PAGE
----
I recently recommended the novels of his Ibis trilogy, which is set in the historical context of the first opium war. Now that I have read the book on climate change, I’m happy to recommend it as well. The title is: “The great derangement – Climate change and the unthinkable”. It deals with several distinct issues, four of which I’d like to briefly summarise here.
First of all, Ghosh points out that fiction writers, who normally are expected to reflect what is happening in their day and age, are almost entirely shying away from climate change. He writes that so far there is only a genre of climate catastrophe writing. The current social, political and environmental reality of global warming, by contrast, is not a topic. As the author elaborates, the dimensions of the risks humanity is facing seem unfathomable and even unthinkable. In particular, novelists struggle to grasp its global dimension because they are expected to invent plots for well-defined places. I am no expert in these matters, but I find it striking that a novelist of Ghosh’s reputation admits that he finds it impossible to tackle the issue in a fictive story, even though he obviously has no difficulty to tackle it in a non-fiction essay.
Second, Ghosh declares climate change to be a predominantly Asian issue. He spells out, of course, that global warming was set in motion by carbon emissions from the advanced economies at first. These countries are the former colonial powers, which is not a coincidence, and they have been the main source of these gases historically. He adds, however, that warming has been dangerously accelerating because populous Asian nations have been industrialising fast. We would not be so close to irreversible tipping points (such as the melting of Greenland ice shield) if Asia’s emerging economies had not grown so fast. Indeed, China is now the world’s leading emitter in absolute terms, though North America is still far ahead per capita terms, and so are several European nations.
Born and raised in India, Ghosh is free to spell out the politically inconvenient truth that Asian economies have become important drivers of climate change. At the same time, he writes that the impacts also make the trend a particularly Asian issue. For example, the melting of Himalayan glaciers will severely affect major rivers that run through South Asia, Southeast Asia and East Asia. People’s water supply is at risk.
Moreover, Asia’s huge coastal megacities will feel the impact of rising sea levels. In this context, Ghosh imagines the scenario of a major cyclone hitting Mumbai, an agglomeration of at least 20 million people, many high-rise buildings and even nuclear facilities. It is disturbing to consider merely what damage wind-propelled glass shards would do. These paragraphs actually made me wonder why Ghosh feels he cannot invent a convincing plot in such a context. Then again, describing the destruction of Mumbai would be catastrophe writing, which, according to him, is being done.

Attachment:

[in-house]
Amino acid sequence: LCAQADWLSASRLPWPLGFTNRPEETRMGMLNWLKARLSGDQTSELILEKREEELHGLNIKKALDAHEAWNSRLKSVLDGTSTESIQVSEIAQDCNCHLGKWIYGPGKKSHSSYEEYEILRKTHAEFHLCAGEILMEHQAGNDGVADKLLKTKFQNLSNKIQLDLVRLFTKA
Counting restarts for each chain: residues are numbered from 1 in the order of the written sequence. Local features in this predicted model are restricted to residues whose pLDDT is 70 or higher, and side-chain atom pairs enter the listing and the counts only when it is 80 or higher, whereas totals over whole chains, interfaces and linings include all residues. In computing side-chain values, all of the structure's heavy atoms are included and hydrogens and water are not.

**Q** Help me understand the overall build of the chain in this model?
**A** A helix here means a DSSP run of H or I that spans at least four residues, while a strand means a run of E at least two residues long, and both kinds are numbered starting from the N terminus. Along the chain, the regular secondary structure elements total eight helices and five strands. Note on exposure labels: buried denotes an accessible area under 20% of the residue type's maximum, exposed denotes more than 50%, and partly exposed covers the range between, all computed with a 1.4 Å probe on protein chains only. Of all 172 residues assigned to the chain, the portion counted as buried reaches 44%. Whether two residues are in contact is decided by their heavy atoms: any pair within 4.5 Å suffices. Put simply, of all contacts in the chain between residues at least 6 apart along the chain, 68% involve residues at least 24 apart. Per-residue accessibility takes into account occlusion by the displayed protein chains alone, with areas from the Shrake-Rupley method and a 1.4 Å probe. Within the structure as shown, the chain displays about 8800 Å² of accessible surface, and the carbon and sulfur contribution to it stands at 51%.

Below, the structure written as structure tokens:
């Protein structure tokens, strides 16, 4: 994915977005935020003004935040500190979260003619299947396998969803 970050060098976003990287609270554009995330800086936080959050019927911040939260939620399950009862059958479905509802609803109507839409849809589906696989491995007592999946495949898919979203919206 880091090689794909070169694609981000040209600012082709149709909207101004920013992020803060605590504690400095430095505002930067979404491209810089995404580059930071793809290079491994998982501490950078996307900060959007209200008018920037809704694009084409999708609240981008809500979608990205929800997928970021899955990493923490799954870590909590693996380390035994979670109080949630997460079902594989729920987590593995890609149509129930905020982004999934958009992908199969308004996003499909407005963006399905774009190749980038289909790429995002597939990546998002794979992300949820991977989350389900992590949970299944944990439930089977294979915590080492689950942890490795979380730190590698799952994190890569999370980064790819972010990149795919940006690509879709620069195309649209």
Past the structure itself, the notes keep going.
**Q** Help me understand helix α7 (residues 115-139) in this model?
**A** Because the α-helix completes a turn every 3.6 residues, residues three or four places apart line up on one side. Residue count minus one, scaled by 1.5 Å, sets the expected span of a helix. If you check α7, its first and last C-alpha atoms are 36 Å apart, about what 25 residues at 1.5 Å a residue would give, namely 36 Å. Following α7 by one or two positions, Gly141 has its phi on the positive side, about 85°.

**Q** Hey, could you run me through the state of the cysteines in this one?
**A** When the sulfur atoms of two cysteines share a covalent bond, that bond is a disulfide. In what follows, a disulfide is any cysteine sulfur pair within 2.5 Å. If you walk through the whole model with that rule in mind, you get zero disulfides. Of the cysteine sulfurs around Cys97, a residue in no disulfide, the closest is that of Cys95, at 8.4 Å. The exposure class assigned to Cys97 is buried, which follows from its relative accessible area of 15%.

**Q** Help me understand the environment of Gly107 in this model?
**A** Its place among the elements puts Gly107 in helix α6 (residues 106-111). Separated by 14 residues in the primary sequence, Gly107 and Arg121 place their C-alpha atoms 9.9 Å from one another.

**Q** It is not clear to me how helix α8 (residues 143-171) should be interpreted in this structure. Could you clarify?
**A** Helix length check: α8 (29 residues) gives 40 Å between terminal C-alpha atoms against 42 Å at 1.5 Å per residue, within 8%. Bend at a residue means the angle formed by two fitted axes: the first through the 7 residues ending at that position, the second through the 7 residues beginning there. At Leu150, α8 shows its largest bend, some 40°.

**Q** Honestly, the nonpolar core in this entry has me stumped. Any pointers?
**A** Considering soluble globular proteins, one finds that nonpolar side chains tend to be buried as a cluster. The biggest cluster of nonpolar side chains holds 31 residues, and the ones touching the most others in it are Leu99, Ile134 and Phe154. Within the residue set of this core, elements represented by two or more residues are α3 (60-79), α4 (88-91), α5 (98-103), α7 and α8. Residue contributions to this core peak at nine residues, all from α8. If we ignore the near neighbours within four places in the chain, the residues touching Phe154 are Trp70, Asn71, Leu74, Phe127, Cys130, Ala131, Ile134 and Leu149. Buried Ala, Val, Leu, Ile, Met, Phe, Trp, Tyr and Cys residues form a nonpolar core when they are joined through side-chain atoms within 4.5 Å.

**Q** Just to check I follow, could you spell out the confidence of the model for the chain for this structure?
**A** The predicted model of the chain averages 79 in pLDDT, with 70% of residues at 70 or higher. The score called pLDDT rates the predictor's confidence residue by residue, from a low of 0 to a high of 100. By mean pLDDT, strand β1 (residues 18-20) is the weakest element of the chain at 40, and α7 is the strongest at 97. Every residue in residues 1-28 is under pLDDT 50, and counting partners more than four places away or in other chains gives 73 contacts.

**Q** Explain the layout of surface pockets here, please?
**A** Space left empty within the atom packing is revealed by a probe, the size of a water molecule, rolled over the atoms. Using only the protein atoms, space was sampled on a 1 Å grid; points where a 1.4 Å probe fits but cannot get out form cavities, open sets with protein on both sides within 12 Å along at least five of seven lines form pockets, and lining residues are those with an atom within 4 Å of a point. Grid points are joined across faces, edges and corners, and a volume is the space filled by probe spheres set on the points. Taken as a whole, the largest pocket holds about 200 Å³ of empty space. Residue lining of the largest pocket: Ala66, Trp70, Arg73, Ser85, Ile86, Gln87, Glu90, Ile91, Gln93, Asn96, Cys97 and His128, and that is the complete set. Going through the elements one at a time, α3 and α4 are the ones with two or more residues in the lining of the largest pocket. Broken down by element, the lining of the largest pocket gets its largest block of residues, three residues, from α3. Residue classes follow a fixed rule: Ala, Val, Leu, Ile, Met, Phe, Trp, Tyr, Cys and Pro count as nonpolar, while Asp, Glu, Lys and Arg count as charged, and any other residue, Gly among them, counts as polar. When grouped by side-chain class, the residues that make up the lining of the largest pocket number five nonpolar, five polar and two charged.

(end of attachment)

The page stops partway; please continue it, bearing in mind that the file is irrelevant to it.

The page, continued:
Ghosh clearly thinks that Asian policymakers should do more to mitigate climate change. He acknowledges, however, that the politics is very difficult. Given that their nations are still considerably poorer than western ones and that the former colonial powers have benefited massively from emitting greenhouse gases, they cannot let the USA, the EU or Japan off the hook. They must insist that the pioneers of industrialisation must now serve as innovators and funders to mitigate climate change.
The established economic powers could, of course, put pressure on the emerging economies if they assumed a responsible role of leadership by reducing carbon emissions radically and fast. For good reason, Ghosh does not expect them to do so. The challenges are huge, and they have largely shied away from the matter for decades. Their action has not been up to scale.
The third thing I found essential in Ghosh’s book is that even though there is a lot of climate denial in the USA, and especially among conservatives, the US military has shown a keen interest in climate science. In Ghosh’s view, the top brass is paying close attention to what is happening with a view to maintaining a position of dominance. He speaks of an “armed lifeboat”. Ghosh stresses that armies are supposed to control things – as Asian societies experienced in colonial times.
It is striking that he wrote these lines before the climate-change denying Donald Trump became president. Ghosh’s idea of the “armed lifeboat” obviously ties in well with my observation that right-wing populists like Trump tend to defend vested interests, while shirking responsibility towards victims.
The final issue that Ghosh’s book assesses is who can make a difference in climate politics. For the reasons listed above, he does not expect governments to do so. He also doubts that broad-based popular movements will force them to act. The main reason is that social movements normally respond to acutely felt grievances, but action has to be taken long before the worst impacts of climate change are felt. The storms, floods, droughts and wildfires we have experienced so far have not triggered the kind of movement needed yet.
Ghosh pins his hopes on faith leaders. He finds Pope Francis’ environmental Encyclica “Laudato sí” more inspiring than the language of the Paris agreement on climate change. He notes, moreover, that leaders of other major religions including Hinduism and Islam have also begun to tackle the issue. I’m not sure that will work out. Poland’s government of right-wing populists emphasises Catholicism as the bedrock of the nation – but it insists on using coal. Xenophobic as it is, it does not listen to what the Pope says about the need to save refugees. What I am sure about, however, is that we need to keep putting climate change on the agenda. The dangers are real; we must not neglect them.
Amitav Ghosh, 2016: The great derangement – Climate change and the unthinkable. Chicago: University Press.